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To Reform Broader Middle East, Get Leaders to Trade in Epaulets

Author: Steven A. Cook, Hasib J. Sabbagh Senior Fellow for Middle Eastern Studies
January 20, 2005
Christian Science Monitor

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Pakistani President Pervez Musharraf was supposed to step down last month as his country's Army chief of staff. On Dec. 19, however, Mr. Musharraf confirmed months of thinly veiled hints and reneged on his promise to parliament to formally trade in his epaulets.

This development has dampened hopes for a democratic evolution of Pakistani politics and is cause for significant concern, but the situation in Pakistan is far from unique. Throughout the broader Middle East, military officers wield decisive political influence, often hindering progressive political, economic, and social change. As the Bush administration enters its second term, encouraging civilian control of military establishments must be a critical component of its ambitious agenda for reform in the region.

While the era of outright military regimes in the broader Middle East is over, officers tend to dominate political systems without actually becoming involved in day-to-day governance. This is done through a combination of institutions, some of which allow for a measure of pluralism such as national parliaments, while others serve to protect the officers' particular vision of political development.

For example, while Pakistan has an elected National Assembly in which a variety of political parties are represented, the military-directed National Security Council has exerted critical influence over parliamentary affairs, national education policy, and economic affairs.

Although the region's military elite enjoy a range of benefits from the authoritarian status quo, officers are not necessarily opposed to reform. It is the specific type of political and economic reforms that matter. For example, much of Egypt's reform agenda is focused on economic development. The officers support these initiatives because economic prosperity will likely instill the Egyptian regime with greater legitimacy, relieving a certain amount of political and social pressure on Hosni Mubarak's government. Economic development also benefits Egypt's military establishment, which has considerable business interests ranging from bottling spring water and manufacturing kitchen appliances to aviation and security services.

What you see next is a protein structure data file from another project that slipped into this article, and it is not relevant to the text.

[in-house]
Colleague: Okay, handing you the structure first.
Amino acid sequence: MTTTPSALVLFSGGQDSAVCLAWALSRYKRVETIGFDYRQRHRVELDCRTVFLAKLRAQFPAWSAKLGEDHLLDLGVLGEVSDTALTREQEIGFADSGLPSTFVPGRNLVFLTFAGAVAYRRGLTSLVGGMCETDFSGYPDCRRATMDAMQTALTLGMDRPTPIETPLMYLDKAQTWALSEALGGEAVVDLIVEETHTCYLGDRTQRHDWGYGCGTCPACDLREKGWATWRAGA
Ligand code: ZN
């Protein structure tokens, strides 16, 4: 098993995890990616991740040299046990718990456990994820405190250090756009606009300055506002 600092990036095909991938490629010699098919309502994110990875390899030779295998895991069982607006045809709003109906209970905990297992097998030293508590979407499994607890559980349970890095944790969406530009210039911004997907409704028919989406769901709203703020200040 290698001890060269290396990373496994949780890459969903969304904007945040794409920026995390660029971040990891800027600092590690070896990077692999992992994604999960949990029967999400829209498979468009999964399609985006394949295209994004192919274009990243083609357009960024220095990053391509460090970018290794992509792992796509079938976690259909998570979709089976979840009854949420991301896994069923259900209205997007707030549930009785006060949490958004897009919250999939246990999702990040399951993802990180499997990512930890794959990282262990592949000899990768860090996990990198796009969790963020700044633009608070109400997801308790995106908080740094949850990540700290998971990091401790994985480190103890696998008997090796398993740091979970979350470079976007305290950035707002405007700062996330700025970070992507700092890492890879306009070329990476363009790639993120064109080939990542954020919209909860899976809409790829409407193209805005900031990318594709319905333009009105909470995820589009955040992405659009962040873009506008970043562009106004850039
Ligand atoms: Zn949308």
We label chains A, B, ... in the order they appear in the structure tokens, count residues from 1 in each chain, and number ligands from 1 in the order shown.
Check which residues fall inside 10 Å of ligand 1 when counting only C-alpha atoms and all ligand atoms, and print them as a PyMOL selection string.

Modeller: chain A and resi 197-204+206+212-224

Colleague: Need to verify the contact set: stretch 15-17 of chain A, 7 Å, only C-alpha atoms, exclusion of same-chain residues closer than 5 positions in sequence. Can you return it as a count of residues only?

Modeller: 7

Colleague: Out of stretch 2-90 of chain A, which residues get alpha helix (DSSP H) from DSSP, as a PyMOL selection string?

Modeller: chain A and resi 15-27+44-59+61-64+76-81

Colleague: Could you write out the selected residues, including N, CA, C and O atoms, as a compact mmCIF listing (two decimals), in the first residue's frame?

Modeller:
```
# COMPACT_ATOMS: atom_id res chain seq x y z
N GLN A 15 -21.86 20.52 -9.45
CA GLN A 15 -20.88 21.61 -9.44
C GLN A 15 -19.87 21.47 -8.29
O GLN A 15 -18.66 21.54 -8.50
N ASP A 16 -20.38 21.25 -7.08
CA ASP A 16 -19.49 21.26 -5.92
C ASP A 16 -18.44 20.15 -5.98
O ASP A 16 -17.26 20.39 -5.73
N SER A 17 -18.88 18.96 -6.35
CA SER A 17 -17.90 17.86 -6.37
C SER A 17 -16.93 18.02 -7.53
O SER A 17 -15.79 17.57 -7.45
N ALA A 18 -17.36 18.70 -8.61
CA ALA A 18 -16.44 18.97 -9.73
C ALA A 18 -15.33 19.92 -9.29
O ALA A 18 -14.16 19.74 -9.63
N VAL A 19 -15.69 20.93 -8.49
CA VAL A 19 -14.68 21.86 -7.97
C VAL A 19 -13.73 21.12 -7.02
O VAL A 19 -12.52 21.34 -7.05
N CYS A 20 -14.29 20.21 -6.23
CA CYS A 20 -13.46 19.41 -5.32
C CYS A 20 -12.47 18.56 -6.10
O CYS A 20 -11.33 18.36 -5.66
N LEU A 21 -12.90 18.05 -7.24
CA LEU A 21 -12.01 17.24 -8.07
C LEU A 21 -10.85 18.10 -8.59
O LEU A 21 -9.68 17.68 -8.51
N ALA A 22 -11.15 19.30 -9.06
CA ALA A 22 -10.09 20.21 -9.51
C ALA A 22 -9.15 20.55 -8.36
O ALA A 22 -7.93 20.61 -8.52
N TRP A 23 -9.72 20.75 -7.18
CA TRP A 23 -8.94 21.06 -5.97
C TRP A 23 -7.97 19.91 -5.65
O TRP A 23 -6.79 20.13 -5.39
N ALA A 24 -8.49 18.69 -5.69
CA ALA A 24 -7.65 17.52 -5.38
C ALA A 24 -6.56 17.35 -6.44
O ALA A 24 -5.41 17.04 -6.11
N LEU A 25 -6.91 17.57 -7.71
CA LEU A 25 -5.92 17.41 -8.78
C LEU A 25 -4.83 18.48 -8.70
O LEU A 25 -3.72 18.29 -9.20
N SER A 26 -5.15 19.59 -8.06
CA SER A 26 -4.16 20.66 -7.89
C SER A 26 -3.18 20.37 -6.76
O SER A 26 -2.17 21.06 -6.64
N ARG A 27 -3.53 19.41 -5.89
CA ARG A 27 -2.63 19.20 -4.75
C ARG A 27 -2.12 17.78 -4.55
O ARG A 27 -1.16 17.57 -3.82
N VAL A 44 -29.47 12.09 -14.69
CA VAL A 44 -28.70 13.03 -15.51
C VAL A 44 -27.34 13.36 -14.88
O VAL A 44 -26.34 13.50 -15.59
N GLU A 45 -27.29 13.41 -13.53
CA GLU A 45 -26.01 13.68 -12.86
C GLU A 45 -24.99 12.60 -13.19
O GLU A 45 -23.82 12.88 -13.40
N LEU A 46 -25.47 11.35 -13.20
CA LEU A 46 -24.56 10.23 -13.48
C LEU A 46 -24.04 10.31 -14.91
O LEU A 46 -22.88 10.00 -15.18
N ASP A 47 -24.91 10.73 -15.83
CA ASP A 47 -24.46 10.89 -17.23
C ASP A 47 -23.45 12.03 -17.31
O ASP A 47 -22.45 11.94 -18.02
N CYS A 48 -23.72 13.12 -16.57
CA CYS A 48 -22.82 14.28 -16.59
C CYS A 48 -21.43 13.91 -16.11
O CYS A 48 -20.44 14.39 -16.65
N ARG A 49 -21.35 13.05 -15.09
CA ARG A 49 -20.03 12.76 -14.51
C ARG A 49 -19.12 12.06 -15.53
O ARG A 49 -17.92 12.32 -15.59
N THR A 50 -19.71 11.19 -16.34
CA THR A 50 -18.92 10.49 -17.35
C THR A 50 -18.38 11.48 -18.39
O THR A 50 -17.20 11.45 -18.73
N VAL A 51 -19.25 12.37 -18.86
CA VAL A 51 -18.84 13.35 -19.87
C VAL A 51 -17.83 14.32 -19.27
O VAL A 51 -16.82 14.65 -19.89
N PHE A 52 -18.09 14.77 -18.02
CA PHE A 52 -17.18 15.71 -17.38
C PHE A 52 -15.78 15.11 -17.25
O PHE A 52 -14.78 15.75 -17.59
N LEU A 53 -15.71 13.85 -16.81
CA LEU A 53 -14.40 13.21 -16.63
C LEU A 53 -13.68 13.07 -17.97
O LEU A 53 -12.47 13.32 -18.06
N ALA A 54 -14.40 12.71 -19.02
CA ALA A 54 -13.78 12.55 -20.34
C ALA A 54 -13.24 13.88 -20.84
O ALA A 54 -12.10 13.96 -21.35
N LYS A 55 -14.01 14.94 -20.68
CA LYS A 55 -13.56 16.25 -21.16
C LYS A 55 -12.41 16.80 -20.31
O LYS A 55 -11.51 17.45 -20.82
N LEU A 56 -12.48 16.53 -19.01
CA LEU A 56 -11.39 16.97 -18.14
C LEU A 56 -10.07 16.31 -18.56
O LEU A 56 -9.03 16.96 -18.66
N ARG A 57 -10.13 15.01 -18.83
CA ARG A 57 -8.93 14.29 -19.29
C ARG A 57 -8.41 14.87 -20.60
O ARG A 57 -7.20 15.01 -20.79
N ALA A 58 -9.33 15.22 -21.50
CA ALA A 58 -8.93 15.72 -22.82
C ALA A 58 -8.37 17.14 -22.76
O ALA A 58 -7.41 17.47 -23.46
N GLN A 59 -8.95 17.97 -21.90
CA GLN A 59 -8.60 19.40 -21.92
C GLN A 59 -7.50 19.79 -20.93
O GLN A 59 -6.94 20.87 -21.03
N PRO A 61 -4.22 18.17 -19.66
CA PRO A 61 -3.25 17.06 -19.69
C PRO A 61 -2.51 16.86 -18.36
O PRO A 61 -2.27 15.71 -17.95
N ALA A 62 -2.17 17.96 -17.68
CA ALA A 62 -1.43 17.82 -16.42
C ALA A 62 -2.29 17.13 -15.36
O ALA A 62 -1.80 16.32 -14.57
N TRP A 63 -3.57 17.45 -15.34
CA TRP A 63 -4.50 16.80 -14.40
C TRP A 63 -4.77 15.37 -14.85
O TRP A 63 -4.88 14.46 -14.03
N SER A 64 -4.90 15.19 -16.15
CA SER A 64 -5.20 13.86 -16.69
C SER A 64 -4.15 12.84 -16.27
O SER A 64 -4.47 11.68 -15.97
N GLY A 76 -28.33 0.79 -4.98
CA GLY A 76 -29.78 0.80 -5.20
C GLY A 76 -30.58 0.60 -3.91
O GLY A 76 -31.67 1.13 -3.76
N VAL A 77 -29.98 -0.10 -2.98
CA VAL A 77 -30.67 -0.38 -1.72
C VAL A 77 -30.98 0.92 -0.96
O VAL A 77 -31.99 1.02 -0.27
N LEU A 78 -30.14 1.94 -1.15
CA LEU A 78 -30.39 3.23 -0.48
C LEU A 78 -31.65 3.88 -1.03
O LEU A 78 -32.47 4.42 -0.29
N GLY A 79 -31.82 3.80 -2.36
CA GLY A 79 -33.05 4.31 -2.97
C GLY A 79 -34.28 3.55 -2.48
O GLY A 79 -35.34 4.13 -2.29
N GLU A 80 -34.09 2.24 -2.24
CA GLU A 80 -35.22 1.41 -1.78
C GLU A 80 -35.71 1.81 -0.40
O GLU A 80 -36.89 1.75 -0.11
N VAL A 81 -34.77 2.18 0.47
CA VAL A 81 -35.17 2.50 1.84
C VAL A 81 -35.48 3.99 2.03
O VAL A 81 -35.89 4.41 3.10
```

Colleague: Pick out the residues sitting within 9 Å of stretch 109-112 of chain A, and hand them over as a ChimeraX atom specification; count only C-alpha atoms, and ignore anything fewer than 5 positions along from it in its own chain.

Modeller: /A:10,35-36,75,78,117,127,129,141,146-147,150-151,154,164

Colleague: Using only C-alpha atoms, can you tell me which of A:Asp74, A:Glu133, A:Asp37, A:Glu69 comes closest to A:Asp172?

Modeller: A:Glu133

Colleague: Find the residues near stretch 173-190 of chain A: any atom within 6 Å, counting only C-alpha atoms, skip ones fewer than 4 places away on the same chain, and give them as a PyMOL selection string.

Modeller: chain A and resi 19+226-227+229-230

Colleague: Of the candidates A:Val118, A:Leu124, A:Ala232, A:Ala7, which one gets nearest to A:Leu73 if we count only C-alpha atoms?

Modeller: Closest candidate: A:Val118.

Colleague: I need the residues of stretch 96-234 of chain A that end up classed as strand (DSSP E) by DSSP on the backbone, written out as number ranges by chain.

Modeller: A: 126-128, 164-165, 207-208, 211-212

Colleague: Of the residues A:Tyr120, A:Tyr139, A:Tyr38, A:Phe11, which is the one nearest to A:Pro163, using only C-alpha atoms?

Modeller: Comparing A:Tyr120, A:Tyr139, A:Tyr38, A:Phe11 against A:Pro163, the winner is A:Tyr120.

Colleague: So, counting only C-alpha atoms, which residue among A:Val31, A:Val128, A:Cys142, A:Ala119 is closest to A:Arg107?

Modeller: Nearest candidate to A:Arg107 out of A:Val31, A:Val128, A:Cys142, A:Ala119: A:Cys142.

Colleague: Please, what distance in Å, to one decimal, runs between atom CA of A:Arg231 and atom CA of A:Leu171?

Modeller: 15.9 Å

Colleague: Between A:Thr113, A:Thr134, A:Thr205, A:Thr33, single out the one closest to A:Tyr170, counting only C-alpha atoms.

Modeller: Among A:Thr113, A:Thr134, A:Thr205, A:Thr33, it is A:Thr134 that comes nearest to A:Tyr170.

Still, Middle Eastern officers have their limits. Egypt's military leadership has signaled that it is not willing to risk regime stability for economic reforms that have the potential to produce social dislocation; in nearby Syria, commanders would not want reforms to impinge on their robust smuggling operations to and from Lebanon. Algeria's autonomous officers have proven they will go to great - even violent - lengths to maintain their economic security.

On the political side of the ledger, a relatively freer press may emerge and new political parties might be approved, but it is unlikely that officers of the broader Middle East will voluntarily accede to political changes that dramatically alter prevailing power relations.

Just as in Pakistan, the connection between the Egyptian presidency and the officer corps represents the fulcrum of the political system. Every Egyptian president since the overthrow of the monarchy in 1952 has been a military officer. It remains an open question how Egypt's senior commanders would respond to efforts to sever this link.

US policymakers have tended to neglect the ways in which autonomous military establishments can place a drag on the political development of countries in the broader Middle East. This is primarily due to the fact that previous administrations believed that authoritarian stability best served the constellation of American interests in the region. In reality, Washington's close connection with Middle Eastern strongmen helped stoke anti-Americanism and contributed to an environment where terrorist organizations can thrive. While security cooperation with Middle Eastern militaries has become paramount in the war against Al Qaeda and its affiliates, there is no reason why Washington cannot promote reform in the region and fight terror at the same time.

Recognizing the political influence that officers wield in a variety of countries throughout the Arab and Islamic world is a good first step. Washington should encourage changes that:

  • Close channels through which officers have been able to influence politics;

  • Prevent the military elite from engaging in activities not strictly related to defense and national security;

  • Provide civilians with the means to override the commanders;

  • Alter the prevailing ethos within the officer corps that justifies its influence and intervention in government.

The US should also provide incentives - such as increased military aid - that will encourage officers to remove themselves from politics.

Military officers in the broader Middle East have played important roles in the institutionalization and modernization of their countries. Yet over time, they have become defenders of authoritarian political systems. Washington should not neglect civil-military relations in its efforts to promote political reform in Muslim societies. To do otherwise would encourage the persistence of authoritarian politics and risks undermining the administration's efforts to forge a more liberal and open political order in the region.


Steven A. Cook is a Next Generation Fellow at the Council on Foreign Relations.

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